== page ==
NEW YORK — More than four decades after Hal Holbrook stood smoking in a darkened parking lot, urging Robert Redford’s Bob Woodward to “follow the money,” the famed Watergate source “Deep Throat” is, in cinematic terms, finally stepping out of the shadows.

“Mark Felt: The Man Who Brought Down the White House” is a kind of bookend to Alan J. Pakula 1976 masterpiece “All the President’s Men” that gives a belated big-screen close-up to the man who was — until he revealed himself in 2005 as the Washington Post’s famous source — shrouded in mystery.

But whether “Mark Felt” adds clarity to the legend of Watergate or further mythologizes it is up for debate. Bob Woodward and Carl Bernstein, the famed journalists whose reporting earned the Washington Post a Pulitzer Prize, say Peter Landesman’s film overstates the importance of Felt in untangling Watergate, portraying him as a puppet master pulling the strings that would, as the subtitle asserts, topple Richard Nixon.

Felt, then the No. 2 official at the Federal Bureau of Investigation, played an integral role in exposing Nixon’s attempted cover-up. But by depicting Felt as the grand orchestrator of the president’s demise, Woodward and Bernstein say, “Mark Felt” distorts the history — and lessons — of Watergate.

“Felt played a role, at times a courageous one,” Woodward told The Associated Press. “But this portrait of him as ‘the man who brought down the White House’ just isn’t accurate.”

Woodward and Bernstein voiced their concerns with Landesman in an email to the filmmaker last October that they shared with The Associated Press. They implored Landesman to drop the subtitle, calling it “demonstrably false.”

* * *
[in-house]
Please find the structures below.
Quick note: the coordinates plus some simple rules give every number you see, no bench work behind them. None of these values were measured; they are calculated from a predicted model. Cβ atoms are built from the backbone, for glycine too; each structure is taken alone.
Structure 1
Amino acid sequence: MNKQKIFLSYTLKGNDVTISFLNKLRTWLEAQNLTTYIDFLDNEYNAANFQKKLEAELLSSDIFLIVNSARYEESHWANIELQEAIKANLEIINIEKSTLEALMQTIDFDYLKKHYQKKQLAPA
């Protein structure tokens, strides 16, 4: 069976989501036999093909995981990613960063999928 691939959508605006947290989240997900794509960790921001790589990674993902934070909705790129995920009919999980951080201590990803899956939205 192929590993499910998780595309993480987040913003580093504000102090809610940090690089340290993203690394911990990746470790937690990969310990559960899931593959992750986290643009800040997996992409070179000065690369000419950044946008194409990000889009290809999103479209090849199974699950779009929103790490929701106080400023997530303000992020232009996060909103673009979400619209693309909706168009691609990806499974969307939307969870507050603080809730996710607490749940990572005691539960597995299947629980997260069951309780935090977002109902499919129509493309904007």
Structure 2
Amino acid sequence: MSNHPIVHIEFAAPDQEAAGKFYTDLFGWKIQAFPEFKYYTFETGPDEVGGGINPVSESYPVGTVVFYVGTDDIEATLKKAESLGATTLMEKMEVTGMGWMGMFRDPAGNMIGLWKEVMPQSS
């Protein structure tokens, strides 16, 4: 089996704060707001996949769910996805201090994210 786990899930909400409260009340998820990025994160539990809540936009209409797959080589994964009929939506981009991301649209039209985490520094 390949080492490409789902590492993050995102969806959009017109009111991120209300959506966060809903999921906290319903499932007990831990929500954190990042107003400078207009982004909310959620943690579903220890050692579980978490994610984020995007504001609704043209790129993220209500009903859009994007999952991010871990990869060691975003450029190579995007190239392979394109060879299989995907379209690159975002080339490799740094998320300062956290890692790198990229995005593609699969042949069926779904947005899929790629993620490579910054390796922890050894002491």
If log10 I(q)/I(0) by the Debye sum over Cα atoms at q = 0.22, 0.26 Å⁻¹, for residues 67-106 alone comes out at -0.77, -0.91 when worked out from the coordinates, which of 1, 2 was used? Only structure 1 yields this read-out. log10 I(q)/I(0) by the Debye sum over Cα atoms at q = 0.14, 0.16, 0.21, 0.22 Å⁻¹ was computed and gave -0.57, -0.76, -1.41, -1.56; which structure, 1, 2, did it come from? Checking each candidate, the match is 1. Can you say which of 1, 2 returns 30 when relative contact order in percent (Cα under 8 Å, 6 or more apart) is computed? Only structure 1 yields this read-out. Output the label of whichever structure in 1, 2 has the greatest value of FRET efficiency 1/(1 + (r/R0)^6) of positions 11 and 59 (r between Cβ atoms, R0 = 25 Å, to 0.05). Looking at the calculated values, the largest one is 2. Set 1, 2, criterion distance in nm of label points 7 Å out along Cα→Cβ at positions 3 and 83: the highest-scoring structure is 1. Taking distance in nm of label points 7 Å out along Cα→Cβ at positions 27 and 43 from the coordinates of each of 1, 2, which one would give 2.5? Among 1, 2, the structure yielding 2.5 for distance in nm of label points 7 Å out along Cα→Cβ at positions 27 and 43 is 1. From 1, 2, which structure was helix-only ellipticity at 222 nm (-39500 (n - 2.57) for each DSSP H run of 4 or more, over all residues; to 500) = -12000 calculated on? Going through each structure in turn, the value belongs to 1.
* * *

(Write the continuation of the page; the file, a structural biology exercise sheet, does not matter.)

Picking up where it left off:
In the letter, they maintained that Nixon’s fall was “the work of many” — contributors they listed as ranging from Frank Wells, the Watergate office security guard who discovered the break in, to the Supreme Court, which unanimously ruled that Nixon had to turn over his tapes. “Mark Felt was only one of several dozen sources we used,” they wrote.

“Let the story speak for itself,” they concluded. “A hyped effort to make it more will fail and do yourselves and Mark Felt a grave disservice.”

It’s far from the first time the facts surrounding Watergate have been contested. Woodward and Bernstein have played their own part in growing the legend around their landmark journalism and the aura around the source they nicknamed. Their 1974 book, “All the President’s Men,” recounted their extraordinarily methodical, step-by-step reporting. The resulting film, starring Robert Redford and Dustin Hoffman, stayed close to the truth but it added some dramatic flourishes. The now-famous line “follow the money,” for example, was an invention of screenwriter William Goldman.

In response to Woodward and Bernstein’s comments, Landesman — a former investigative journalist, himself, whose previous film was the 2015 docudrama “Concussion,” with Will Smith — suggested there were parallels between the approaches of the two films.

“This film sees Watergate through the keyhole of Felt’s experience as the man leading the FBI investigation into the White House’s cover-up, just as ‘All the President’s Men’ saw Watergate through the keyhole of Woodward and Bernstein’s experience,” Landesman said in a statement to the AP.

In an earlier interview about the film, Landesman boasted of the film’s accuracy — particularly in a parking garage meeting between Woodward and Felt — in comparison to “All the President’s Men.” Landesman added that Pakula’s film is one of his favorites.

“It’s a much fuller representation of what really happened that night than what’s in ‘All the President’s Men,'” said Landesman. “There’s a lot of that film that was the creation and the poetic dramatization of Bill Goldman, more than was factually accurate. My ambition was to make this movie the more iconically accurate version of events.”